Writing a great first issue is hard. With “#1 With A Bullet”, I wanted to examine some debut issues that worked – or didn’t – in an attempt to figure out just what makes a great first issue… and what common mistakes creators occasionally make. Today, I look at Mark Waid’s fantastic Daredevil #1 and the art of revitalizing a character who has been stuck in something of a rut. Continue reading
The internet in the last few hours has been bursting with it. The news that Ben Affleck is going to be the next Batman alongside Henry Cavill’s Superman. To get a better idea of how this will go, I just rewatched Daredevil.
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This week in comics, Saga and Justice League are sold out at my shop so I don’t get to read them, Carol Danvers returns to the spotlight in Captain Marvel #1, and Mark Waid completely rocks.
This week in comics, the “Rise of the Vampires” crossover concludes, “The Omega Effect” crossover concludes, and probably some other event somewhere concludes.
I think that what Bendis and Brubaker did with Daredevil was nothing short of brilliant. Like Frank Miller once did, they revitalized and repopularized a character badly in need of both, making him relevant to a new era. But the question remained: where do you go from there? When he had lost so much, when he had lost everything that made him a hero… where does Matt Murdock go next? How can you ever go darker? Mark Waid and his sizable art team have an answer with Daredevil #1, and it’s a surprising – and extremely well-handled – one.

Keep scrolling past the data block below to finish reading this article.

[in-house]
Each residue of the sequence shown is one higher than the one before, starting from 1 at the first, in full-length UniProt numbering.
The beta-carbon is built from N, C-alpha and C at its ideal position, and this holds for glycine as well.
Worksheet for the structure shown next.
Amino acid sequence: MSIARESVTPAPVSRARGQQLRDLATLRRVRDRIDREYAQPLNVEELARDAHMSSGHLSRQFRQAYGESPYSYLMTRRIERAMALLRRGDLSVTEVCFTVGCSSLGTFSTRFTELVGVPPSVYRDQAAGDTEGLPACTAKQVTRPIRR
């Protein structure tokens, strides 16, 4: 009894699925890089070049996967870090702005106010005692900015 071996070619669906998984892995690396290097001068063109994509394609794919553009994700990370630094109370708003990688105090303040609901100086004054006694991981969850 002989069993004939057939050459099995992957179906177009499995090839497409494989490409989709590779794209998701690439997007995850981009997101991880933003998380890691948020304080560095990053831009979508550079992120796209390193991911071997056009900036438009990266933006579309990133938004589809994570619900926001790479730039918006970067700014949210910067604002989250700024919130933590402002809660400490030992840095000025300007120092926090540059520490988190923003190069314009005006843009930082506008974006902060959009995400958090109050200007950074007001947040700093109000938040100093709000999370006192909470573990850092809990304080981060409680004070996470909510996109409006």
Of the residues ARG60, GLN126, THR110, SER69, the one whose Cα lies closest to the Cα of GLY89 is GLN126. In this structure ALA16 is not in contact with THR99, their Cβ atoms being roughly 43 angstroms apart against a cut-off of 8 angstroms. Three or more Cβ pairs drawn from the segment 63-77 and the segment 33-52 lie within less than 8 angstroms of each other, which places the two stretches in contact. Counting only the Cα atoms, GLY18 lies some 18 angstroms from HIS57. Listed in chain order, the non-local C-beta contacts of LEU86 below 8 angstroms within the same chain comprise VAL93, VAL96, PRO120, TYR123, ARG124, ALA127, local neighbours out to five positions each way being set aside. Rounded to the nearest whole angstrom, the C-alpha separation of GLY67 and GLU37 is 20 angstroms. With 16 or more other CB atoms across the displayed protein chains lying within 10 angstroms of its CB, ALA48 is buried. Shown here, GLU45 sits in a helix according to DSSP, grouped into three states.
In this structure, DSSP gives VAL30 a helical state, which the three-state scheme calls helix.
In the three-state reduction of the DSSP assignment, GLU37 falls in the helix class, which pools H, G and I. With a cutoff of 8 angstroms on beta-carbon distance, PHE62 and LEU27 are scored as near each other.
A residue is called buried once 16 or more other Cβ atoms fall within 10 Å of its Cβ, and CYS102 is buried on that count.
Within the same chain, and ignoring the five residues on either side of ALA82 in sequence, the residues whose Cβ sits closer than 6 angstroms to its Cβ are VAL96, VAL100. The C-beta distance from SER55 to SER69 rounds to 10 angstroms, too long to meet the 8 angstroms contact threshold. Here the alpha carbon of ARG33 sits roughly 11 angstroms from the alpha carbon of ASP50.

And the Summer’s over! Really? That…went fast. I had fun, though. Hope you all did, too. Back to school, kiddies! I read 20 comics in August, and these were the best.
5. Invincible Iron Man #16
Matt Fraction’s writing is absolutely top-notch. Yes, this story will read better as a whole, but our connection to Tony, Pepper, and Maria is so strong, it hardly matters. The only thing that brings this issue, and the entire series, down, is Salvador Larroca’s Greg Land-esque art.
4. Ultimate Comics: Avengers #1
Speaking of Summer, you like those blockbusters that accompany the season, right? Well then, this is the comic for you! Just some awesome-kickass, supercool fun! Mark Millar gives it to ya, and Carlos Pacheco makes it look pretty. This opening salvo features a bombastic helicopter fight and a terrifying new villain.
3. Secret Six #12
Like my previous selection, this too is filled with action and good times, only with more twisted villainy. But this comic also has character and soul, and that counts for a lot. This is Jeannette’s issue to shine, and I think she blinded me. Carlos Pacheco’s beautiful interiors certainly contribute to UCA’s placement, but you know what? I’d put Nicola Scott up against Carlos Pacheco any day. Yeah, you read that right.
2. Batman and Robin #3
Holy hell, Batman! This series just gets better and better! The first and second issue topped my list in their respective months, and it’s only by some Marvel miracle that this one didn’t. Since I don’t have a proper review of this issue, I want to go over a few things: